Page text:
Ever since Susan Hawk's rat and snake speech on the first season of “Survivor,” I've been hooked on reality game shows. I'm fascinated by the excessive candor that comes after unfathomably quick intimacy with a camera crew. I am on the edge of my seat when contestants exhibit the raw emotion that results from stress, greed or the desire for ever more camera time.
Whether it's grace and integrity or anger and arrogance, I am there for the contestants, following their progress and tracking their moods. That is until they're booted off -- then they're dead to me.
Over nearly 10 years, I've slowly amassed six shows to my collection. In my defense, we record the shows to fast forward when necessary. Without commercials and constant recaps, the time this hobby takes up is the same as going to the gym or cleaning out the garage ... I assume. I can do those things during off-season, if it weren't for my treasured and convenient family time.
The last few weeks have marked the sweet spot of reality game show season. I'm familiar with the contestants, who I've neatly divided into two camps: hate 'em and love 'em. Like a good mother (one who doesn't watch six reality game shows a week), I know their strengths and weaknesses and can predict how they will react -- which, on occasion, has led to friendly betting. Note to self: Sister still owes two bucks.
Although I'm not fanatical enough to memorize speeches, blog opinions or phone in a vote, I do have favorite moments.
· “America's Next Top Model”: A contestant told Tyra Banks she didn’t find modeling all that interesting.
· “Survivor”: Rupert stole opposing tribe members' shoes.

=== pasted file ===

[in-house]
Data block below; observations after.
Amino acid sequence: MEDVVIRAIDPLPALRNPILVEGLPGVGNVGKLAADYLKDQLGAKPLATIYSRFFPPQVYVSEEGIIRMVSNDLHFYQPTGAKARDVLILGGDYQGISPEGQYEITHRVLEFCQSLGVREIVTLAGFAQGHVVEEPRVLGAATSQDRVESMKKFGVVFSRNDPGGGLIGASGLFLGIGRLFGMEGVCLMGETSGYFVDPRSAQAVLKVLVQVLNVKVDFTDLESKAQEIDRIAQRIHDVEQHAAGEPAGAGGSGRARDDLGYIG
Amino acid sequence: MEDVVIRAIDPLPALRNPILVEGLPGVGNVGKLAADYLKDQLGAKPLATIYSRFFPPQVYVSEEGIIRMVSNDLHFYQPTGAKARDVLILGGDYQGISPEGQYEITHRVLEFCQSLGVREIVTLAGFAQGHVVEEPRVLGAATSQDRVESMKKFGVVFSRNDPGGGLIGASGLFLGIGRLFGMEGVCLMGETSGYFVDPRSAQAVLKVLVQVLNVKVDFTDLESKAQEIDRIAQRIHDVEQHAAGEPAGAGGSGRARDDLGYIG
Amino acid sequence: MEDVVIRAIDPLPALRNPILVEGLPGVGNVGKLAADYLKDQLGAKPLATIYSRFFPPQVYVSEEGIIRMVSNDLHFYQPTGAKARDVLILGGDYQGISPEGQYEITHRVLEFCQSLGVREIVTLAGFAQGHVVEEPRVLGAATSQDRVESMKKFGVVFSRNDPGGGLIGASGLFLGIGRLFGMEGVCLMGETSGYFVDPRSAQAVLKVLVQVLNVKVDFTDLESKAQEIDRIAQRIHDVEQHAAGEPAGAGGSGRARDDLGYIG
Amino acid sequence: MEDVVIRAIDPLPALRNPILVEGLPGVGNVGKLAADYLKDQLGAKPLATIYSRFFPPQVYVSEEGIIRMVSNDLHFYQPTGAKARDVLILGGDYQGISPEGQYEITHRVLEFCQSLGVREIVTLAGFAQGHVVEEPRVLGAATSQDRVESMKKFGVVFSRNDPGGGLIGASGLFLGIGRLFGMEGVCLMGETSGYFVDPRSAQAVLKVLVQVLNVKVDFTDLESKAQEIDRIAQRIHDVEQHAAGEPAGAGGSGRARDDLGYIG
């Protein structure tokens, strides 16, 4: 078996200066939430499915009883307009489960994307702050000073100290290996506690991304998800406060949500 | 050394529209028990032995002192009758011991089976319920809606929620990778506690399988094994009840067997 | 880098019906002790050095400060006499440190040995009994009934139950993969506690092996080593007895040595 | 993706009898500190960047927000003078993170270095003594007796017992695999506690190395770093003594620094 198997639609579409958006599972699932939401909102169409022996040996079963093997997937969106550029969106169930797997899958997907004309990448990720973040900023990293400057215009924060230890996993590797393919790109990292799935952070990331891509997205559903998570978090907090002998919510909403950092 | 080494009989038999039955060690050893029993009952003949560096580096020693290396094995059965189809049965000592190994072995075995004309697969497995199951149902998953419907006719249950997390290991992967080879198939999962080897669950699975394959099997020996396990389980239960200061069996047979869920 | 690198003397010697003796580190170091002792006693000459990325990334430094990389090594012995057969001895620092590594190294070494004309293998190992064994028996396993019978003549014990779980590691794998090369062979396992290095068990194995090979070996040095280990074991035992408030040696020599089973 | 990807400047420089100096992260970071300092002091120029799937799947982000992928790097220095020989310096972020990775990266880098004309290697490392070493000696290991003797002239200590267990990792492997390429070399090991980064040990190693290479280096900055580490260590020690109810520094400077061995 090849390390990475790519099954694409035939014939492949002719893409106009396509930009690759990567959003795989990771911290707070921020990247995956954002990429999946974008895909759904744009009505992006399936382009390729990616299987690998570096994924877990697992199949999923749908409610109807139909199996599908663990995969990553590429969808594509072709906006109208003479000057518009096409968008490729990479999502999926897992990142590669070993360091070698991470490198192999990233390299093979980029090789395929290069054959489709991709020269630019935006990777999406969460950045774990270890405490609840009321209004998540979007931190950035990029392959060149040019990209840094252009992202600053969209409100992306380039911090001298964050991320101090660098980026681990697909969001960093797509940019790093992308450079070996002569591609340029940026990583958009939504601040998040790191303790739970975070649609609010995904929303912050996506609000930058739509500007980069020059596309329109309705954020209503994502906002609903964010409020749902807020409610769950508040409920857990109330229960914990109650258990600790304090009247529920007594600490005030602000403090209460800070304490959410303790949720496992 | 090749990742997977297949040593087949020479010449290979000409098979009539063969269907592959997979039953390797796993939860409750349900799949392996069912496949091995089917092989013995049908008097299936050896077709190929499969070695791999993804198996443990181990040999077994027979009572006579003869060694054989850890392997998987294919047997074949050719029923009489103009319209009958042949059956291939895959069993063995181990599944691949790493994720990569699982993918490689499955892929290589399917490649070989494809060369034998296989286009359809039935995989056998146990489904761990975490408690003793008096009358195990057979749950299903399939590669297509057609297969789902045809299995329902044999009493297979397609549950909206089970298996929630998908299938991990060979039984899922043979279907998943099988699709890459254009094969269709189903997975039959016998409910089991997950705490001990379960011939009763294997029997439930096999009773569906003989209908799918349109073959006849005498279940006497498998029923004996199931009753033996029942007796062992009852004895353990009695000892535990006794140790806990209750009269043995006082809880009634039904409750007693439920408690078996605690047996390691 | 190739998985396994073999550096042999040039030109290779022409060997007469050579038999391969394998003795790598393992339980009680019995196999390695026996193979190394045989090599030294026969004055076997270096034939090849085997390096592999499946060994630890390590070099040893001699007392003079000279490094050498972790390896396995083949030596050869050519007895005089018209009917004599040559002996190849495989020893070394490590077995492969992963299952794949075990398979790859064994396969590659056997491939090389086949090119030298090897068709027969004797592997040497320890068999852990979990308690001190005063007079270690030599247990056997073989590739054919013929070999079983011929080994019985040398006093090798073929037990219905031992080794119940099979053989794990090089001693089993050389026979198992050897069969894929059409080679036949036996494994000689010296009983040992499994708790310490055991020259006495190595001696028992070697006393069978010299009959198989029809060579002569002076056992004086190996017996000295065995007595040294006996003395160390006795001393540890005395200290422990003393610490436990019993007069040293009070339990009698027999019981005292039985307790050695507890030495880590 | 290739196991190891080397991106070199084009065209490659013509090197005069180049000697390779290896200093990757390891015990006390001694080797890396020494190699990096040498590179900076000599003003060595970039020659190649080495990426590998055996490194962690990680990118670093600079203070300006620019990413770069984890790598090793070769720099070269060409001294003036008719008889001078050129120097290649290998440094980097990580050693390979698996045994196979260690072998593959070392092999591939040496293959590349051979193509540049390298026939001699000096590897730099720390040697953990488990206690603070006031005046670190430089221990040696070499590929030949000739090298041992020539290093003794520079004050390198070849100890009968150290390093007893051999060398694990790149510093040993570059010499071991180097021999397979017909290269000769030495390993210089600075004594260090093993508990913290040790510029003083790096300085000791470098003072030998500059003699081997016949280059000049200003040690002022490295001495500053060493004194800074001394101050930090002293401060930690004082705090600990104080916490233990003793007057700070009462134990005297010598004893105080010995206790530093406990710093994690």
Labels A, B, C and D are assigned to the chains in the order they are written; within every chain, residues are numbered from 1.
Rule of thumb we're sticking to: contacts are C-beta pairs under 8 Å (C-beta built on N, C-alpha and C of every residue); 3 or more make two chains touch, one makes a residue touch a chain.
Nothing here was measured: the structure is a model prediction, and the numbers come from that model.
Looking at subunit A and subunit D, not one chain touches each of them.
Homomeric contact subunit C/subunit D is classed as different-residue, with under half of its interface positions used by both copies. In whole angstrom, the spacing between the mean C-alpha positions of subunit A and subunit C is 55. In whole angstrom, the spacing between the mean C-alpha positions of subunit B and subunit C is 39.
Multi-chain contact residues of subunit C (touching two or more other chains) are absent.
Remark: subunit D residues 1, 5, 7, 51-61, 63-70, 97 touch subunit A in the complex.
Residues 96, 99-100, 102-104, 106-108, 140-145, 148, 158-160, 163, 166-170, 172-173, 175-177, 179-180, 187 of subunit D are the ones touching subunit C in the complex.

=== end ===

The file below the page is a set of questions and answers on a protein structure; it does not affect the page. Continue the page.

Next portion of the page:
· “Biggest Loser”: Usually calm fitness trainer Bob Harper lost it when a contestant wouldn't stay on a treadmill past 20 seconds.
· “Amazing Race”: The wife of a married team boldly, and baldly, shaved her head.
· “Project Runway”: A designer made a dress out of Twizzlers.
· “Top Chef”: I ran into last season's winner at the Reston Town Center. Although I didn't ask for an autograph, I pointed, waved and may have giggled. He waved back.
Every now and then I imagine what it would be like to be a contestant. Of course there are many shows I'd dismiss out of hand.
“Top Chef,” for example. Any unfortunate soul who's tasted my cooking would agree I'm better suited for “Stop Chef.” I'm not heavy or pretty enough for “Biggest Loser” or “America's Next Top Model,” but if NBC picks up “America's Next Loser,” I'll apply. And although fashion design interests me, Heidi Klum would declare me "out" because of my preference for elastic waist pants and flannel fabrics.
That leaves “Amazing Race” and “Survivor.” For the unfamiliar, on “Amazing Race,” couples race around the world, finding clues and completing tasks along the way. The incredibly stressful and exhausting experience makes and breaks relationships, both personal and international. Although I love traveling, I've got an obsession with not being late -- I panic if I'm not at the gate three hours early.
Plus I get lost using a GPS. Unless it was changed to “Unremarkable Mosey to the Nearest Target,” that show won't work.
“Survivor,” on the other hand, leaves contestants in one place, but they are denied proper food, shelter and trustworthy companions. No doubt I would be quickly branded the old, bossy one, who are always the first to go. I might as well be the old bossy one in the comfort of my own home where I haven't been voted off yet, although there are times I suspect my husband and kids are in a secret alliance.
Maybe I should look for an immunity idol when I clean out the garage.
[November 25, 2009]
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